I love traveling with my husband, and enjoy taking one of the kids with me whenever I travel by myself, but taking the entire family out of state is a major undertaking. One that can easily require a separate vacation just to recover from. Without some prodding, I would probably never leave the city. While I was packing, I did find myself remembering, "This is why we don't do vacations with the entire family any more." But once we actually get to our destination, I am always glad to have gone through the trouble of packing and driving down the road for hours with ten kids within touching distance of me. 

Packing - it's a feat, I tell you! Imagine how much packing would go into preparing for a 12-day vacation by yourself. That's how much packing/planning I have to do for every day that we will be gone. We were gone for 5 days - the equivalent of a 60-day solo trip. That is the same as TWO MONTHS worth of packing for a single person! My left eye is starting to twitch just thinking about the reality of large family logistics. 

You might be wondering, "Don't the older kids pack for themselves?" Oh, they sure do! Being thoughtful and responsible teenagers, they DO pack all the necessities such as video games for the road, and forget such small details as shoes or a clean shirt for church. So let's just say they still need some assistance. 

We rented a small U-Haul trailer to pull behind our van, which does not have much cargo space once every one of the 12 seats is taken. Having the trailer made for pretty easy loading and unloading of our cargo. Also, the house we were staying in had a washer and dryer, which I used every night. Next time, I think it will be easier to pack just two outfits per person, and keep washing and wearing them throughout the trip. It would cut down on the packing of clothes considerably.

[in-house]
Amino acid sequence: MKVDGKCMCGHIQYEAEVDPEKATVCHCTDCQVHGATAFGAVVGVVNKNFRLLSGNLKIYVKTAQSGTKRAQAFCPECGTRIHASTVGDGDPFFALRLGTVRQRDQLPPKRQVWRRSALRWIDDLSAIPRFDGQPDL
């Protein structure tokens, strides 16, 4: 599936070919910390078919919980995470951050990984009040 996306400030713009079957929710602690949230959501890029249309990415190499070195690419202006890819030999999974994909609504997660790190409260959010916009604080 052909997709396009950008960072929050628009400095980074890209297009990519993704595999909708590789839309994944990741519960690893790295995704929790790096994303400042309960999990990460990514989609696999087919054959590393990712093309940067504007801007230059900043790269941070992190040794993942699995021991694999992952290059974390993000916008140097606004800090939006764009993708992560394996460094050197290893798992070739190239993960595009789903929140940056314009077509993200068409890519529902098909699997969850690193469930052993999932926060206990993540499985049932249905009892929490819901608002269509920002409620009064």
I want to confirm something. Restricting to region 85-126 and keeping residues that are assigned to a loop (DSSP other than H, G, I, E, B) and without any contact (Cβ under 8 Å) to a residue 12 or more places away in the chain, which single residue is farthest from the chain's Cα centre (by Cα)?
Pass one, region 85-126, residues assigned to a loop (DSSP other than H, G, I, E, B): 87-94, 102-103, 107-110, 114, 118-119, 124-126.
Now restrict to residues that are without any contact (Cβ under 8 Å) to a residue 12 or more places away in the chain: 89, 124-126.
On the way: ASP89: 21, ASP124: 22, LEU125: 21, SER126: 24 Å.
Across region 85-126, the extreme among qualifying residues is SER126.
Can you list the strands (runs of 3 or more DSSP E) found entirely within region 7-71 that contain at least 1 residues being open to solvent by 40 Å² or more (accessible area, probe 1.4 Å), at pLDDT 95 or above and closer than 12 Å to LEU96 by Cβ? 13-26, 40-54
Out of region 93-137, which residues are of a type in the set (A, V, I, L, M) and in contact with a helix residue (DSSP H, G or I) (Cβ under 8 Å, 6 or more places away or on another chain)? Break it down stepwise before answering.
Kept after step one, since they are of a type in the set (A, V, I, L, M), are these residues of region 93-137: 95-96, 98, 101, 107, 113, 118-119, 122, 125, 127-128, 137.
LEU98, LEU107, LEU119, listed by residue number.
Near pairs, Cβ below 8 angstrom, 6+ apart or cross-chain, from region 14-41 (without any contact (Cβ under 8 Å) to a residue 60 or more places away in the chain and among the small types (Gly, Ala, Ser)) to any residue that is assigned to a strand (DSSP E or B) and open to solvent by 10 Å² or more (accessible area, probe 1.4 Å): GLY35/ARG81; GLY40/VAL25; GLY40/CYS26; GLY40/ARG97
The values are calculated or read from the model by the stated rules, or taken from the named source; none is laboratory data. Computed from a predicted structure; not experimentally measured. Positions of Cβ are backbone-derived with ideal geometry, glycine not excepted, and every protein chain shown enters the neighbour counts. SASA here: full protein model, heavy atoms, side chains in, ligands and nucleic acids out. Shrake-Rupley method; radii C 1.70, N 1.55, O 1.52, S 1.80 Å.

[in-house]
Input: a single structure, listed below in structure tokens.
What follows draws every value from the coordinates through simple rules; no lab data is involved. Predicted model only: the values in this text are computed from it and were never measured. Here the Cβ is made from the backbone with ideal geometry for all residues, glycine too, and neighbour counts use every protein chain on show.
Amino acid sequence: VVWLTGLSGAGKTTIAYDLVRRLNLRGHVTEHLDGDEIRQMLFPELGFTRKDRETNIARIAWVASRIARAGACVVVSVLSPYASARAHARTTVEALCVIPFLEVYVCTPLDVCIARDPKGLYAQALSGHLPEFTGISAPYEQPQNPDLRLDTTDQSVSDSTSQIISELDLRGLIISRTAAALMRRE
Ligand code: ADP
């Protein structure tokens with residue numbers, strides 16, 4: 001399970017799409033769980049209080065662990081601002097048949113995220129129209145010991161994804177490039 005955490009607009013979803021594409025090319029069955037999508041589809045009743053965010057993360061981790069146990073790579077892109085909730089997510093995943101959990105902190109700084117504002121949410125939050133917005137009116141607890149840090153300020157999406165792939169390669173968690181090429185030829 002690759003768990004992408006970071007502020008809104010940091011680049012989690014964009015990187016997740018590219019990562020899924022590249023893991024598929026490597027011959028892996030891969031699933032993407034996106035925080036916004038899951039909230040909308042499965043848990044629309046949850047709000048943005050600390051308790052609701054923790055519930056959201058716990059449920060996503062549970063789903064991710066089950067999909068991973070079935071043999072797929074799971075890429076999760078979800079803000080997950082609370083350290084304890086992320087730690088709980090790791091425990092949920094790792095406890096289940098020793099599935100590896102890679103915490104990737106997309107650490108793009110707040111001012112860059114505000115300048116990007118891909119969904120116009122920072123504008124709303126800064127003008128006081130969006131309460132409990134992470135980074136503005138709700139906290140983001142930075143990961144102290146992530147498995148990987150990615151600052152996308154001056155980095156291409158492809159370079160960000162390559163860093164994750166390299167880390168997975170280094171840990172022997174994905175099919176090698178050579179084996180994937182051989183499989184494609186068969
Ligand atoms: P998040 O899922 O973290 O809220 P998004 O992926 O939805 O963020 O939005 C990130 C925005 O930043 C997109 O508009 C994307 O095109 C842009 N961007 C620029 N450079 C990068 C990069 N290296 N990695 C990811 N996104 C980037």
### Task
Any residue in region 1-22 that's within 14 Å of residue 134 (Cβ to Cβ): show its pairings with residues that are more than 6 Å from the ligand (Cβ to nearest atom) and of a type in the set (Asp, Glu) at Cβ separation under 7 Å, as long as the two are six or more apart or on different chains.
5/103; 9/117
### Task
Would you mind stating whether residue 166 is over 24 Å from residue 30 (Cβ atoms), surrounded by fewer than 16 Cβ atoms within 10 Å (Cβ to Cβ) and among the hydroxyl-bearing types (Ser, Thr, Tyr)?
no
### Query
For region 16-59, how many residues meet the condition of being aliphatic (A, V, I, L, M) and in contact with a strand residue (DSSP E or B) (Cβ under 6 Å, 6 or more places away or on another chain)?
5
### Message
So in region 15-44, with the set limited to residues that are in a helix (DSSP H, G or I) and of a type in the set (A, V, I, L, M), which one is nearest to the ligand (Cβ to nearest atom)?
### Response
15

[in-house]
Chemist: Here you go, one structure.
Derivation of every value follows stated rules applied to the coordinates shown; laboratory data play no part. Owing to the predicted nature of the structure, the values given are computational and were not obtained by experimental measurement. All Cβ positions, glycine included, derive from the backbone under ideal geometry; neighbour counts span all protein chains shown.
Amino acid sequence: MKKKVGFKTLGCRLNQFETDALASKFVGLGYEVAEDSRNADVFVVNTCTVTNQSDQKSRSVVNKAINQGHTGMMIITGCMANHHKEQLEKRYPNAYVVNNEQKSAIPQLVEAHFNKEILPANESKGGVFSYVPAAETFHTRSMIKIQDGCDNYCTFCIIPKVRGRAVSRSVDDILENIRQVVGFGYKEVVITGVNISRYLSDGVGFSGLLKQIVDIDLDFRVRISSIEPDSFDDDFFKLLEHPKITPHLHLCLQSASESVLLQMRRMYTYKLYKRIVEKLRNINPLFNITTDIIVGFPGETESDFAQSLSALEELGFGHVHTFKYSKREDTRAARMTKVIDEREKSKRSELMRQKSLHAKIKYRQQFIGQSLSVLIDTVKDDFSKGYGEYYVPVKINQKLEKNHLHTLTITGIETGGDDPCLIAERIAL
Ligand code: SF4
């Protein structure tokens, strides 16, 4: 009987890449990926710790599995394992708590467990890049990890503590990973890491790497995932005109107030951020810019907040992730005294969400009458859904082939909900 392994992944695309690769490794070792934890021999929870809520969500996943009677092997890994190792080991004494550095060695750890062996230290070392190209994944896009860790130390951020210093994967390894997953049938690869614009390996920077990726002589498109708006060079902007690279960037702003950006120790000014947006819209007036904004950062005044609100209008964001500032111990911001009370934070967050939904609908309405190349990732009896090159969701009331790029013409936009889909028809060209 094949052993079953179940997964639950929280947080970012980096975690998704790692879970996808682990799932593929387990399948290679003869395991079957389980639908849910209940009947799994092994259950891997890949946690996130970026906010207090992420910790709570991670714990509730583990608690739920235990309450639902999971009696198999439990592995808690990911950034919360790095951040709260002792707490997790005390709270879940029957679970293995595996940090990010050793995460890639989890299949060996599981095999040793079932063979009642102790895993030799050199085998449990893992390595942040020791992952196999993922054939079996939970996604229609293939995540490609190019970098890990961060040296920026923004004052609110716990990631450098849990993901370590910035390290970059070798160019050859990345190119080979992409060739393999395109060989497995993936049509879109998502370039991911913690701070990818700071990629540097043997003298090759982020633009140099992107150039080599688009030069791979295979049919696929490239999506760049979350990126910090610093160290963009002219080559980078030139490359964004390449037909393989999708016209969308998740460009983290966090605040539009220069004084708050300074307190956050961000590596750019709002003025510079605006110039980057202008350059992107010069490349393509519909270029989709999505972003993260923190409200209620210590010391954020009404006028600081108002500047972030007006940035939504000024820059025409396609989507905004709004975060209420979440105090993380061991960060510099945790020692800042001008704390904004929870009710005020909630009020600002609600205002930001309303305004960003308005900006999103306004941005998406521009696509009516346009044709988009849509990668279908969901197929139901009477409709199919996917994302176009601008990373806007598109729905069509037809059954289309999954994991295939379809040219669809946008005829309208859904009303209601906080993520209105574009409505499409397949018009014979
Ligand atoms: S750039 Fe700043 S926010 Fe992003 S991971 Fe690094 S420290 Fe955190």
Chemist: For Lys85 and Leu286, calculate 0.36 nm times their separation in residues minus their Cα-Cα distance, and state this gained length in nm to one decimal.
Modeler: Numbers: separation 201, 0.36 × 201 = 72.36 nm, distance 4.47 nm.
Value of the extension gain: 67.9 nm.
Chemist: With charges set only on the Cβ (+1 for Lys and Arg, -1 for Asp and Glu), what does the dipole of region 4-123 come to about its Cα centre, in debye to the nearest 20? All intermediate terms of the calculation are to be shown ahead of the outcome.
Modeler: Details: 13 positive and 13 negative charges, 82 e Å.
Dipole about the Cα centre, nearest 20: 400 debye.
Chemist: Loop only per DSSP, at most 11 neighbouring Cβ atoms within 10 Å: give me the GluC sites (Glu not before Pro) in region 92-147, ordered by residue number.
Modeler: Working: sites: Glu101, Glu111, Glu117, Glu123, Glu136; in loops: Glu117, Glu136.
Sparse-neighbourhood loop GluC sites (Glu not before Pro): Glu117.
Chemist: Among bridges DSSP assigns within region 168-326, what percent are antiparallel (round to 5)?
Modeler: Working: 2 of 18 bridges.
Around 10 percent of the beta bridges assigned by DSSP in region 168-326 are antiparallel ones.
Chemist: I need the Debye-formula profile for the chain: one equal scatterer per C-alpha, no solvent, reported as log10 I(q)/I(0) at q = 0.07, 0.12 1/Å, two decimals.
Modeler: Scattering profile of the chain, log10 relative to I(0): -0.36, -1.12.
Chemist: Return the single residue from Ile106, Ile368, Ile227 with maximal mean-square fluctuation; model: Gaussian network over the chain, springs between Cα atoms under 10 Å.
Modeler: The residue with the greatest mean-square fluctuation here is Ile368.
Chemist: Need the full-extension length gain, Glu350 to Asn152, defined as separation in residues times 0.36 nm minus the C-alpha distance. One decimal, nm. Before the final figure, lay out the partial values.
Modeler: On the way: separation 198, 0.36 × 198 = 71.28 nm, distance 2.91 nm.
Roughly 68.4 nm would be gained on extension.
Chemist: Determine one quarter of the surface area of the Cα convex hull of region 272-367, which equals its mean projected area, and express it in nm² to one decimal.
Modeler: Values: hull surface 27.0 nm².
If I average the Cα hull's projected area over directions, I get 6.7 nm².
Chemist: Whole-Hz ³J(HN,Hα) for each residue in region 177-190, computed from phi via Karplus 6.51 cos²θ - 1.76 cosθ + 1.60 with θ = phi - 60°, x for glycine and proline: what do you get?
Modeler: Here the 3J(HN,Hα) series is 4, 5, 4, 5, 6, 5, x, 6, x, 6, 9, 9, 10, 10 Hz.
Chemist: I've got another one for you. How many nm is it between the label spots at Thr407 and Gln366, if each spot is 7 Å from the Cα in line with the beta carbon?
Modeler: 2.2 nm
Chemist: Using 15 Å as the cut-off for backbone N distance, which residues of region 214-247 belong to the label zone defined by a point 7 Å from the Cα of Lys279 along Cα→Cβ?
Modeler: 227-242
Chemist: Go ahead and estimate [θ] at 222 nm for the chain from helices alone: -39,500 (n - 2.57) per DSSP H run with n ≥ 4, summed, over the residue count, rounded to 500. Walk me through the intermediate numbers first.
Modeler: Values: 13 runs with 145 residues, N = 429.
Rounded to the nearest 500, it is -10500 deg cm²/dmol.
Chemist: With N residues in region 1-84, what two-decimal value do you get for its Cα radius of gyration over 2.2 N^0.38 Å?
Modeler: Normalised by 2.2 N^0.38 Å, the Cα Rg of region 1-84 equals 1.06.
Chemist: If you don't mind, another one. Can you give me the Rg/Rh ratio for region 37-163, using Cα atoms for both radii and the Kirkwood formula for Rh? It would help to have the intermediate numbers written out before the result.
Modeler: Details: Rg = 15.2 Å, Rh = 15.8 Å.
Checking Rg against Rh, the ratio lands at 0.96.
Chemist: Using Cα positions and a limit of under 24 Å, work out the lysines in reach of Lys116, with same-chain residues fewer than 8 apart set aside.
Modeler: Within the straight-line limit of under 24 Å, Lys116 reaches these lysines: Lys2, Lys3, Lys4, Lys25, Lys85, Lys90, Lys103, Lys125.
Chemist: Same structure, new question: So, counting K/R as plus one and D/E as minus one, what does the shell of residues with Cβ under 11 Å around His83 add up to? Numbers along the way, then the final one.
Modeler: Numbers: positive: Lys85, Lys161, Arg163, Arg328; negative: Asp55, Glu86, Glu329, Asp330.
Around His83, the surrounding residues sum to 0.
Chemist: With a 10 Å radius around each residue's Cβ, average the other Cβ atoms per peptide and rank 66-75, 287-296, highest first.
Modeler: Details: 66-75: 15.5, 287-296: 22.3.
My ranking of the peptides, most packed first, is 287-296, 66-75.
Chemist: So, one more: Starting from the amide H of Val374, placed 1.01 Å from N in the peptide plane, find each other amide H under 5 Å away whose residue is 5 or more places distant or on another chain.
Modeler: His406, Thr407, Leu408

We left on Thursday morning after breakfast. Peter, who hates the car seat even for short runs to the store, did absolutely amazing and slept all the way from here to Indio, CA (a 4-hour drive) where we stopped for the lunch buffet at Round Table Pizza. We do not have Round Table in Arizona, so I went a bit hog-wild on the pizza.







From there, it was only another 2 hours drive to our destination, Tustin (in the L.A. area). The house had a heated pool and spa, so in spite of the cool and drizzly weather (a welcome change for us parched desert dwellers), the kids had fun blowing off steam in the pool.






For dinner, we went to Island's, where our family took up three tables to be seated. By the time we got back from that, it was well past everyone's bed time.




(Side note: One of the free crayons from this restaurant got left in a pants pocket, and destroyed an entire load of light laundry. Waaaaaaah! This load contained two new sweaters and my ring sling!)